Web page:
Prints & Cards
by Jim Mamoulides 3/17/03 - Updated 7/4/05
The Pen For The Artist In You
It arrived in a bag of pens I bought. A six and three quarter inch stick with a big squeeze bulb on one end and a bright red, silver ringed cap on the other. A huge clothespin clip near the bulb, which I guess meant that was the "top" and the red end cap covered the "business end" of the pen. What exactly is this thing?
The barrel is metal, as is the cap, and is stamped, "VAPORITE BRUSH PEN - MLPS MINN", clearly indicating that something very odd was going on in the cold winters of the northern heartland.
I can honestly say that I did quite a bit of searching and reading trying to find out about this strange beastie, to no avail. The small snippets of box and photos of a very few examples, including a jar of ink indicate that the Vaporite Brush Pen, likely made by Time Saving Specialties of Minneapolis, Minnesota, if the ink bottle is any indication, was intended as a kind of early refillable felt tip, a more crude design than the much better Esterbrook Flo-Master refillable felt tip marker, which Esterbrook acquired in 1953 as part of their purchase of Cushman & Denison. The Flo-Master, introduced it in 1951, also had easily exchanged replacement tips in multiple sizes.
A Pen For John Henry, Not John Hancock
Unscrewing the cap reveals a brass cone with fiber protruding from the center, the "brush" part, I surmised. The cone screws in and out giving some mild variation to the thickness of the fiber brush, evidently allowing for some adjustment of the width of the line the pen can write. In practice, there's not wide range of adjustment, basically really broad to really, really broad.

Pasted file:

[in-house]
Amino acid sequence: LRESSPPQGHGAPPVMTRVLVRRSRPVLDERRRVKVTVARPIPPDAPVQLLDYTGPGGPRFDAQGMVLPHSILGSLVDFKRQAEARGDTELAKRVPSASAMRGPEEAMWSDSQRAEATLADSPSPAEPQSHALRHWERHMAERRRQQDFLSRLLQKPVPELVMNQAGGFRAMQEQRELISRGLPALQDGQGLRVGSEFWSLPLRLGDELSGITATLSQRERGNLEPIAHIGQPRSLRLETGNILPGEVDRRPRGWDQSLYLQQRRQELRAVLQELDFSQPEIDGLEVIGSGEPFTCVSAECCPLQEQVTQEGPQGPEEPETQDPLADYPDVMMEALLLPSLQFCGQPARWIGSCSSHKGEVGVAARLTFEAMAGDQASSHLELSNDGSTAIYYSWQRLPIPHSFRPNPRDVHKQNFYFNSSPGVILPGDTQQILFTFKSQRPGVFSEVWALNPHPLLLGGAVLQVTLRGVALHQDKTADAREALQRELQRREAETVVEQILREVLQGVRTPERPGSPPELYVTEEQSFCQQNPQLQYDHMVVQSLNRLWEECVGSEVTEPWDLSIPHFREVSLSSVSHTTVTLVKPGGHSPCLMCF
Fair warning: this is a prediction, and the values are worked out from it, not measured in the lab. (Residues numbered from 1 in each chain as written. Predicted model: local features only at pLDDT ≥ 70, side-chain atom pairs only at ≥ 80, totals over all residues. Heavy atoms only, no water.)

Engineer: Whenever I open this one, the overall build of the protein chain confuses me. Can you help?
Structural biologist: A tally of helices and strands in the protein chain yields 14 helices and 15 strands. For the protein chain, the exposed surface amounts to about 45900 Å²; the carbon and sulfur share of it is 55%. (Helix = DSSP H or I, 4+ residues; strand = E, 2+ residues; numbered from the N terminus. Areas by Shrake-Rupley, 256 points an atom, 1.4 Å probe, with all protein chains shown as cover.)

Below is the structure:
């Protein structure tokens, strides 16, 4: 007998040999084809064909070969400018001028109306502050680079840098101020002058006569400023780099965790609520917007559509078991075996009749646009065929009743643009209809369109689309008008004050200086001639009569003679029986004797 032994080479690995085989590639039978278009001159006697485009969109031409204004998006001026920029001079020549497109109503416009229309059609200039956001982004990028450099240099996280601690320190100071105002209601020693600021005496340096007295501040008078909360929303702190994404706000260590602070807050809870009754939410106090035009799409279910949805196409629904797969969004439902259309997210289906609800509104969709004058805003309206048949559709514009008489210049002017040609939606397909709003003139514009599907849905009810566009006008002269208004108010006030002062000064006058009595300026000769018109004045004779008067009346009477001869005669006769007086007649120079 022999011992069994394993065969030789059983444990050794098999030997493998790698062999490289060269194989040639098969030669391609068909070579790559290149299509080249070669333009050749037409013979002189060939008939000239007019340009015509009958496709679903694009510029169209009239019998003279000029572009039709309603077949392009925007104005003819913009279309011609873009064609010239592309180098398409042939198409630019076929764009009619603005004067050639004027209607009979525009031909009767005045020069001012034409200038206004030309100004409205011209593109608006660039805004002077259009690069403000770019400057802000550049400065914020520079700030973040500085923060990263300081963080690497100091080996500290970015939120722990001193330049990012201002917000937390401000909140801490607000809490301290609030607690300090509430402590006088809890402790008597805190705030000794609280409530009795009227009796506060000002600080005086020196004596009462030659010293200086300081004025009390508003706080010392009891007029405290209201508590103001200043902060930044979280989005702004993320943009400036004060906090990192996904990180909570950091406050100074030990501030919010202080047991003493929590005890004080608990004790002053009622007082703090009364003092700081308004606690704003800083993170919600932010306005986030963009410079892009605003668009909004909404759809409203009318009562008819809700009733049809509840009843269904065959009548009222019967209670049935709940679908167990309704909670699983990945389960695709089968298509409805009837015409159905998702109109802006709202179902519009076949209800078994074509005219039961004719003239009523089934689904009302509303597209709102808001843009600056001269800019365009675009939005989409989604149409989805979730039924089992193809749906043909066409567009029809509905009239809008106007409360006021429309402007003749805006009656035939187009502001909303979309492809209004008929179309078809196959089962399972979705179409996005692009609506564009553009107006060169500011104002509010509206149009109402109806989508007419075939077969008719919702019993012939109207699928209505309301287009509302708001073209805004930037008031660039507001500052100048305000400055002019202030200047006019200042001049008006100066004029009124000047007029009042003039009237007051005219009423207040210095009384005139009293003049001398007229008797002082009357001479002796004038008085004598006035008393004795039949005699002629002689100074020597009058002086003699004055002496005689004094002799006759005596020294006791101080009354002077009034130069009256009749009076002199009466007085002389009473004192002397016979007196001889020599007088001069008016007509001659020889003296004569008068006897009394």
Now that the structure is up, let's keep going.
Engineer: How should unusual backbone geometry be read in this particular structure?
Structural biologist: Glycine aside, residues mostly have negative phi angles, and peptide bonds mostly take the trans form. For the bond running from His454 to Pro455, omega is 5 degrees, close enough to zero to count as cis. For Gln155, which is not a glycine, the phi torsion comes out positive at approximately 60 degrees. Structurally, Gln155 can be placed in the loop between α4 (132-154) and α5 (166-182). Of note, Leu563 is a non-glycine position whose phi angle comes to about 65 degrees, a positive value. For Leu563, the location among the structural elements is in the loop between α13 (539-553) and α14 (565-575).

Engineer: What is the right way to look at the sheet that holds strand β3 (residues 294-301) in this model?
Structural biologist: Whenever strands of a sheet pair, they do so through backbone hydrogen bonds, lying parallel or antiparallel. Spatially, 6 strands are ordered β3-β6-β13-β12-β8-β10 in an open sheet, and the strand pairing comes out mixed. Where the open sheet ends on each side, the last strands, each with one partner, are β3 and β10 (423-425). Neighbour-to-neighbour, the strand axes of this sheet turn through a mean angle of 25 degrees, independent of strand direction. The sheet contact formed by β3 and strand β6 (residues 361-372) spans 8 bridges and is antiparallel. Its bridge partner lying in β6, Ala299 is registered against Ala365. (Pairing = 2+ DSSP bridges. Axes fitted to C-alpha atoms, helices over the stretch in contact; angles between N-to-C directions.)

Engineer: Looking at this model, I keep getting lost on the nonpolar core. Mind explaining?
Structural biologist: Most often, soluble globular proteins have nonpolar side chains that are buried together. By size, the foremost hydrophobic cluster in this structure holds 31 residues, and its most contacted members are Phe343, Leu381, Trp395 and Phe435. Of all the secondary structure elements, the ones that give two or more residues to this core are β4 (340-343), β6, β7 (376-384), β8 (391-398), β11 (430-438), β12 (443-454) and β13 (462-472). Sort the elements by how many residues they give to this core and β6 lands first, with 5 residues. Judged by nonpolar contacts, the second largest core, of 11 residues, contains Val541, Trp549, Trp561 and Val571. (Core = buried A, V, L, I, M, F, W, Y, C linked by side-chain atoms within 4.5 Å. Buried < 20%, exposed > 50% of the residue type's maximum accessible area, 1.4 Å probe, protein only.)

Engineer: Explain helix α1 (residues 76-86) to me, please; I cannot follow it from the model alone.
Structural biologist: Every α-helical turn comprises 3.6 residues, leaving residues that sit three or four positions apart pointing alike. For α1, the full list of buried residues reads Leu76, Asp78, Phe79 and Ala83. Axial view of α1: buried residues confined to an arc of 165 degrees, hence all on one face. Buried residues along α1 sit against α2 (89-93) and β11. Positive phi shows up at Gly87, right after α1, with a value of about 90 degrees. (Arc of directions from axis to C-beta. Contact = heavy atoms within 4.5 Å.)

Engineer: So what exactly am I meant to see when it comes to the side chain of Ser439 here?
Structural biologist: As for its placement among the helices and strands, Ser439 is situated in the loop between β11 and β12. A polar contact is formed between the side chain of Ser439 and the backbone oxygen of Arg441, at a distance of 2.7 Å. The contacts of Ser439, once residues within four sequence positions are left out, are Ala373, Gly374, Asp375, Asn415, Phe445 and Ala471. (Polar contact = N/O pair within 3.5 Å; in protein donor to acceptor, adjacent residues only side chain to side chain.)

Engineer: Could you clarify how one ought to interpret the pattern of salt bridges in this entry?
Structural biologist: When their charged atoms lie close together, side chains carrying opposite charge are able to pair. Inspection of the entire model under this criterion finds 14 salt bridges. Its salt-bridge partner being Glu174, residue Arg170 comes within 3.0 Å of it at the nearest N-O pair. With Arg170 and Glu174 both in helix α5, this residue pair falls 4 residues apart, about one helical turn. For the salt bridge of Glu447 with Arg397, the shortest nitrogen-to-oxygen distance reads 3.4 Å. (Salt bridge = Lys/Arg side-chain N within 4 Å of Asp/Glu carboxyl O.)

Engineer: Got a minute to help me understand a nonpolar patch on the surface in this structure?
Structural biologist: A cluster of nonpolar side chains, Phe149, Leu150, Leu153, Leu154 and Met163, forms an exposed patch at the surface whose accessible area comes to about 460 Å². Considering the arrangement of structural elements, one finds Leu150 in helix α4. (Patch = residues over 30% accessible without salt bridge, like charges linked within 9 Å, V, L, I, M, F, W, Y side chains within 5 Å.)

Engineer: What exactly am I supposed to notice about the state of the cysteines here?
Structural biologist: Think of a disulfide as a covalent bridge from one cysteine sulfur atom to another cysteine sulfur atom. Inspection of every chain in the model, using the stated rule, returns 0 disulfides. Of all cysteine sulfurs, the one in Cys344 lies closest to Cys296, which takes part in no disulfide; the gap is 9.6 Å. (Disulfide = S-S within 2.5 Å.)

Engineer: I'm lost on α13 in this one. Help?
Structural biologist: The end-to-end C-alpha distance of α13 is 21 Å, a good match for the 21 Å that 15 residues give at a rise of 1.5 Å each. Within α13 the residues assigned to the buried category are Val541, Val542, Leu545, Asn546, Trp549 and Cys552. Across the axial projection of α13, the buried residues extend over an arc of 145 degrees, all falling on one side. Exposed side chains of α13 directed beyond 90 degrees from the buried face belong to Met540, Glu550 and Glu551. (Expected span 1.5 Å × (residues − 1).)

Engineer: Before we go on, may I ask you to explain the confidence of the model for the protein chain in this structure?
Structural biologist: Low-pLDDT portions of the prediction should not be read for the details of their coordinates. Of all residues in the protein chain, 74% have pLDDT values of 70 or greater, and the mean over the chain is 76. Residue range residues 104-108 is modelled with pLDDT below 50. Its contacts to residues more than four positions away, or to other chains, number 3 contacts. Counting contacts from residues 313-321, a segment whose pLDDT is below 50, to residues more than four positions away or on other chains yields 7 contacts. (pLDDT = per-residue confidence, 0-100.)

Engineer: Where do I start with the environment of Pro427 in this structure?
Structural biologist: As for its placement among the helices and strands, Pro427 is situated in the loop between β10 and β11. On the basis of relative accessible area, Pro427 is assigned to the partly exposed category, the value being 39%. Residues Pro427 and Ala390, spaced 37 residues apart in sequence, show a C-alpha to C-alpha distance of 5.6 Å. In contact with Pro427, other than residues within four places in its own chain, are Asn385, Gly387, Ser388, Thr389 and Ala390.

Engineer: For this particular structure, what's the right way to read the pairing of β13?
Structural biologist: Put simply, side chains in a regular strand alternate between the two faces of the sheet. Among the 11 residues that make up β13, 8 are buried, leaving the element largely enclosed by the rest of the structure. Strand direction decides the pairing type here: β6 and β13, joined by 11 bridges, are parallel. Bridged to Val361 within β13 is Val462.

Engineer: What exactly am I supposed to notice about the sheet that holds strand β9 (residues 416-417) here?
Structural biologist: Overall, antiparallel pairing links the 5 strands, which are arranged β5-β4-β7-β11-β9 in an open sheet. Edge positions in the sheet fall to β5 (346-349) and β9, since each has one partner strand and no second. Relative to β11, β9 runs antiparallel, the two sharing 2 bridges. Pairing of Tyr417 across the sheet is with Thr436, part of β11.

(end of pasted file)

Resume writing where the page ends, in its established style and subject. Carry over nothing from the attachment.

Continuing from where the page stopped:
The Vaporite Brush Pen is a "classic" bulb filler, though certainly not in a way one would usually expect, where the bulb is usually not external nor part of the design statement. The bulb is quite rigid, obviously made so as to not be easily depressed and accidentally spill ink. This is a very heavy-duty pen, made for writing really big, bold statements.
The Vaporite Brush Pen is quite easy to fill and use. One subtle difference in use between it and other fountain pens is that the instructions explicitly tell the user to fully expel all excess ink from the pen after filling. The brush will hold a large amount of ink, but it may bleed if excessively wet. I didn't notice this in using the pen, but considering the wick action of the brush, it makes sense.
I don't see these in stores today, so my guess is the felt tip eventually pushed aside this behemoth of a pen. It may have been made anywhere from the 1920s to the 1950s, but I would call it successful only in the sense of practicality. I've only ever seen three, and they were all like this one. My guess is that these were passed over and tossed, like many of the early ballpoints from the 1940s. If research or readers turn up more information, I'll update and demystify this pen.
Felt Magic Inside!